In re Republican Party of Texas (Per Curiam)

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Justia Opinion Summary

The Supreme Court dismissed for want of jurisdiction the petition for writ of mandamus brought by Republican Party of Texas (Party) directing the City of Houston and Houston First Corporation "to perform their obligations" in connection with the 2020 State Convention after Houston First terminated the parties' agreement to license the George R. Brown Convention Center to the Republican Party for the convention, holding that the petition did not properly invoke the Supreme Court's mandamus authority.

Houston First's termination letter invoked a force majeure clause in the parties' agreement and cited the COVID-19 epidemic in Houston. The Party sought to compel the City and Houston First to perform their "duty imposed by law" in connection with he holding of a political party convention under Tex. Elec. Code 273.061. The Supreme Court denied relief, holding (1) the "duty imposed by law" in section 273.061 is limited to a duty imposed by a constitution, statute, city charter, or city ordinance; and (2) because Houston First's only duty to allow the Party use of the Center for its Convention is under the terms of the parties' agreement, the Party's petition did not properly invoke the Supreme Court's mandamus authority.

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IN THE SUPREME COURT OF TEXAS NO. 20-0525 IN RE REPUBLICAN PARTY OF TEXAS, RELATOR ON PETITION FOR WRIT OF MANDAMUS PER CURIAM JUSTICE BOYD did not participate in the decision. JUSTICE DEVINE filed a dissenting opinion. On Wednesday, July 8, the Houston First Corporation terminated its agreement to license the George R. Brown Convention Center, which it operates for the City of Houston, to the Republican Party of Texas to hold its 2020 State Convention July 13–18. 1 The termination letter invoked a force majeure clause in the Agreement and cited “the unprecedented scope and severity of the COVID-19 epidemic in Houston.” The next day, the Party sued for a declaration that Houston First had breached the Agreement, an injunction prohibiting termination, and specific 1 We refer to the Republican Party of Texas as “the Party,” the Houston First Corporation as “Houston First,” their license agreement effective December 8, 2017, as “the Agreement,” the City of Houston as “the City,” and the Party’s 2020 state convention as “the Convention.” Houston First is “a local government corporation [that] is citycontrolled and tax-funded with a budget approved by [the City] and a board appointed by the mayor.” City of Houston v. Hous. Mun. Emps. Pension Sys., 549 S.W.3rd 566, 571 (Tex. 2018). performance. 2 Later the same day, the trial court denied the Party’s application for a temporary restraining order after a brief, nonevidentiary hearing and set a full hearing on the Party’s claims for July 13. On Friday, July 10, the Party petitioned this Court for mandamus directing the City and Houston First “to perform their obligations in connection with the Convention, including performance of their contractual obligations, and performance of all legal obligations to ensure the free exercise of association and assembly.” Pet. at 33. We requested the City and Houston First to respond by the close of business Saturday. We also called for the views of the Solicitor General. The Party invokes Section 273.061 of the Election Code, which gives the Court jurisdiction to “issue a writ of mandamus to compel the performance of any duty imposed by law in connection with the holding of an election or a political party convention, regardless of whether the person responsible for performing the duty is a public officer.” TEX. ELEC. CODE § 273.061 (emphasis added). The Solicitor General, on behalf of the State of Texas, argues that this grant of jurisdiction does not apply because under our caselaw, the duty the Party seeks to compel Houston First to perform is imposed by contract, not imposed by law. We agree with the Solicitor General that the statute is inapplicable, but for a different reason. Section 1.005(10) defines “law” in the Election Code to mean “a constitution, statute, city charter, or city ordinance.” Id. § 1.005(10). Thus, “duty imposed by law” in Section 273.061 is limited to a duty imposed by a constitution, statute, city charter, or city ordinance. The Party does not assert that Houston First owes it any such duty. The Party argues it has constitutional rights to Also named as defendants were the City, Mayor Sylvester Turner, and Brenda W. Bazan, Houston First’s president. Defendants, respondents here, take the same position, so we refer to them jointly as Houston First. 2 2 hold a convention and engage in electoral activities, and that is unquestionably true. But those rights do not allow it to simply commandeer use of the Center. Houston First’s only duty to allow the Party use of the Center for its Convention is under the terms of the parties’ Agreement, not a constitution. We agree with the State that “despite [the Party’s] troubling factual allegations,” its petition does not “properly invoke this Court’s mandamus authority [and] should be denied on that narrow basis.” Letter Br. at 3. Accordingly, we dismiss the petition for want of jurisdiction. OPINION DELIVERED: July 13, 2020 3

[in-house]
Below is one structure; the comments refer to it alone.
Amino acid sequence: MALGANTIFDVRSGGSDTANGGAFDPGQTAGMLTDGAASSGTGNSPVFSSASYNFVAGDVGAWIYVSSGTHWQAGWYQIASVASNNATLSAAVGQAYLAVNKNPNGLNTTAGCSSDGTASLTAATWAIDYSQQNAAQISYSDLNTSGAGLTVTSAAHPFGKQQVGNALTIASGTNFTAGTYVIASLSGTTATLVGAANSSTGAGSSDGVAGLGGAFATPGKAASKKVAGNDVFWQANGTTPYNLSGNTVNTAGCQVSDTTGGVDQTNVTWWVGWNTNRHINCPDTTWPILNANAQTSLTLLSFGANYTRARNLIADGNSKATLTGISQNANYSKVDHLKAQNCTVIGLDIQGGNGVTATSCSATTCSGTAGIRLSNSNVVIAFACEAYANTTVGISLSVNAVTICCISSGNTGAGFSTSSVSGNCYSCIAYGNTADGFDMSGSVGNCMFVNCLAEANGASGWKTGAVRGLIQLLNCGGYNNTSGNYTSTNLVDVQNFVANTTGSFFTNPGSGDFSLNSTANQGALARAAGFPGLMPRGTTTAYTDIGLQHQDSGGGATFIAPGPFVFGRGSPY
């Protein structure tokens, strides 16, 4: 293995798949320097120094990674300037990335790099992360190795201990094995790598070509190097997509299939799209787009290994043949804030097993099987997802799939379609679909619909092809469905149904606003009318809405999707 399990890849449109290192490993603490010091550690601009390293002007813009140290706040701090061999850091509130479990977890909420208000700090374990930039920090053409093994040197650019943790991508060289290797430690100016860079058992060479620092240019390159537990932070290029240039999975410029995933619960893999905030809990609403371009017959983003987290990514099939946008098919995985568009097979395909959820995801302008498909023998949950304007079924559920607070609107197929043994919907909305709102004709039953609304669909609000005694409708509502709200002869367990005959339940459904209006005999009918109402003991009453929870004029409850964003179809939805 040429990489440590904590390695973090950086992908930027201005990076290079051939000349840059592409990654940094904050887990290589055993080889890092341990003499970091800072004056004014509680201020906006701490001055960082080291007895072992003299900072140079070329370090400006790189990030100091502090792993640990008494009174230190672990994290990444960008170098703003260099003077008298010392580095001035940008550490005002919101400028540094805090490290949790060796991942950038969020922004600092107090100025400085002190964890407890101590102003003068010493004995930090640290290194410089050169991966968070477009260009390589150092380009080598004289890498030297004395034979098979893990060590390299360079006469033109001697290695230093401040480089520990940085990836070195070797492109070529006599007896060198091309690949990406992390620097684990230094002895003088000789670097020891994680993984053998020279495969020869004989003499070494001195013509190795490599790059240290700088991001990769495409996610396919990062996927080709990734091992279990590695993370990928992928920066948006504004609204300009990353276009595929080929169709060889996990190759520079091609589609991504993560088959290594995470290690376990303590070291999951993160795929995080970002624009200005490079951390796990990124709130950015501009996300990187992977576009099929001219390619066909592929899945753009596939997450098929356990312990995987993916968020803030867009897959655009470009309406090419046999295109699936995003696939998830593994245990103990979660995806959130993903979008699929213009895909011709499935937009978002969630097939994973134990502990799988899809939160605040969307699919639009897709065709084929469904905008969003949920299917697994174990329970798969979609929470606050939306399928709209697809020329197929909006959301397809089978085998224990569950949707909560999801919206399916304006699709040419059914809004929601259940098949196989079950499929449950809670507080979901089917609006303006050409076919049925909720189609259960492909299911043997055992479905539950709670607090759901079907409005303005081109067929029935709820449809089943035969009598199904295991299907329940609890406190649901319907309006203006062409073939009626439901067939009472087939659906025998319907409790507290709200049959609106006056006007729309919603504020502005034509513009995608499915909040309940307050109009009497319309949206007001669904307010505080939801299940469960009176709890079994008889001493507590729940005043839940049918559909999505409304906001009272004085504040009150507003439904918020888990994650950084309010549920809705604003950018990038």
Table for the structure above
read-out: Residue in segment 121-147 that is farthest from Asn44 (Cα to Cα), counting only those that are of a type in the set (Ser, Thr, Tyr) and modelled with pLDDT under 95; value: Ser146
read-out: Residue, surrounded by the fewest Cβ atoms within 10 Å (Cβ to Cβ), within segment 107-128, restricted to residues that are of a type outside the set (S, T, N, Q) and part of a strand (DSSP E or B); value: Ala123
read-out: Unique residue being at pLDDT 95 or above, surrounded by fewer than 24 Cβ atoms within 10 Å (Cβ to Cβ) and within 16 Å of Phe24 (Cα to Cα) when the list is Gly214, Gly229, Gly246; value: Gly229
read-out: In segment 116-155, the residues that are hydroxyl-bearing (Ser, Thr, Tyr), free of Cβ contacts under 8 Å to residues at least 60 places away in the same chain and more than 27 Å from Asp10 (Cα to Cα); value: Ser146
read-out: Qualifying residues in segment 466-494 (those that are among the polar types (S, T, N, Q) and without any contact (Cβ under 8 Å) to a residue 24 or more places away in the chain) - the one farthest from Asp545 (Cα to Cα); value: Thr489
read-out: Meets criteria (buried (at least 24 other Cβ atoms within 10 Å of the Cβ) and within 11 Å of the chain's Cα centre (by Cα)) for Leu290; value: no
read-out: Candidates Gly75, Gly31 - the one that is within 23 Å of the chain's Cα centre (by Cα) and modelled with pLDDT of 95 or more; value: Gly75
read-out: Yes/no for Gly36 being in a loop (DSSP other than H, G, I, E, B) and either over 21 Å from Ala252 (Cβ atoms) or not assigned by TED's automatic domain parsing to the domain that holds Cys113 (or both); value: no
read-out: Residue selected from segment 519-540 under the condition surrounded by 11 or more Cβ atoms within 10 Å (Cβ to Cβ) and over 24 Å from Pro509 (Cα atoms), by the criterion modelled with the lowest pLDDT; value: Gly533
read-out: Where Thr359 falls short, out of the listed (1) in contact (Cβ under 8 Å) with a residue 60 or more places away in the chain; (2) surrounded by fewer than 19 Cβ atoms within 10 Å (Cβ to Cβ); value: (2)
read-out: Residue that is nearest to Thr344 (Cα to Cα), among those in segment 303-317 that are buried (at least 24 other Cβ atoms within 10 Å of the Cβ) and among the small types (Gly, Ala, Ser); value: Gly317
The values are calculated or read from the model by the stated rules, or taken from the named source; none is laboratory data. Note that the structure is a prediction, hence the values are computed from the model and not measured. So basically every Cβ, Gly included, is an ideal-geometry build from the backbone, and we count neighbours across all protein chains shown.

Primary Holding
The Supreme Court dismissed the petition for writ of mandamus brought by Republican Party of Texas directing the City of Houston and Houston First Corporation "to perform their obligations" after Houston First terminated a contract to license a convention center to the Republican Party for the 2020 State Convention, holding that the petition did not properly invoke the Court's mandamus authority.

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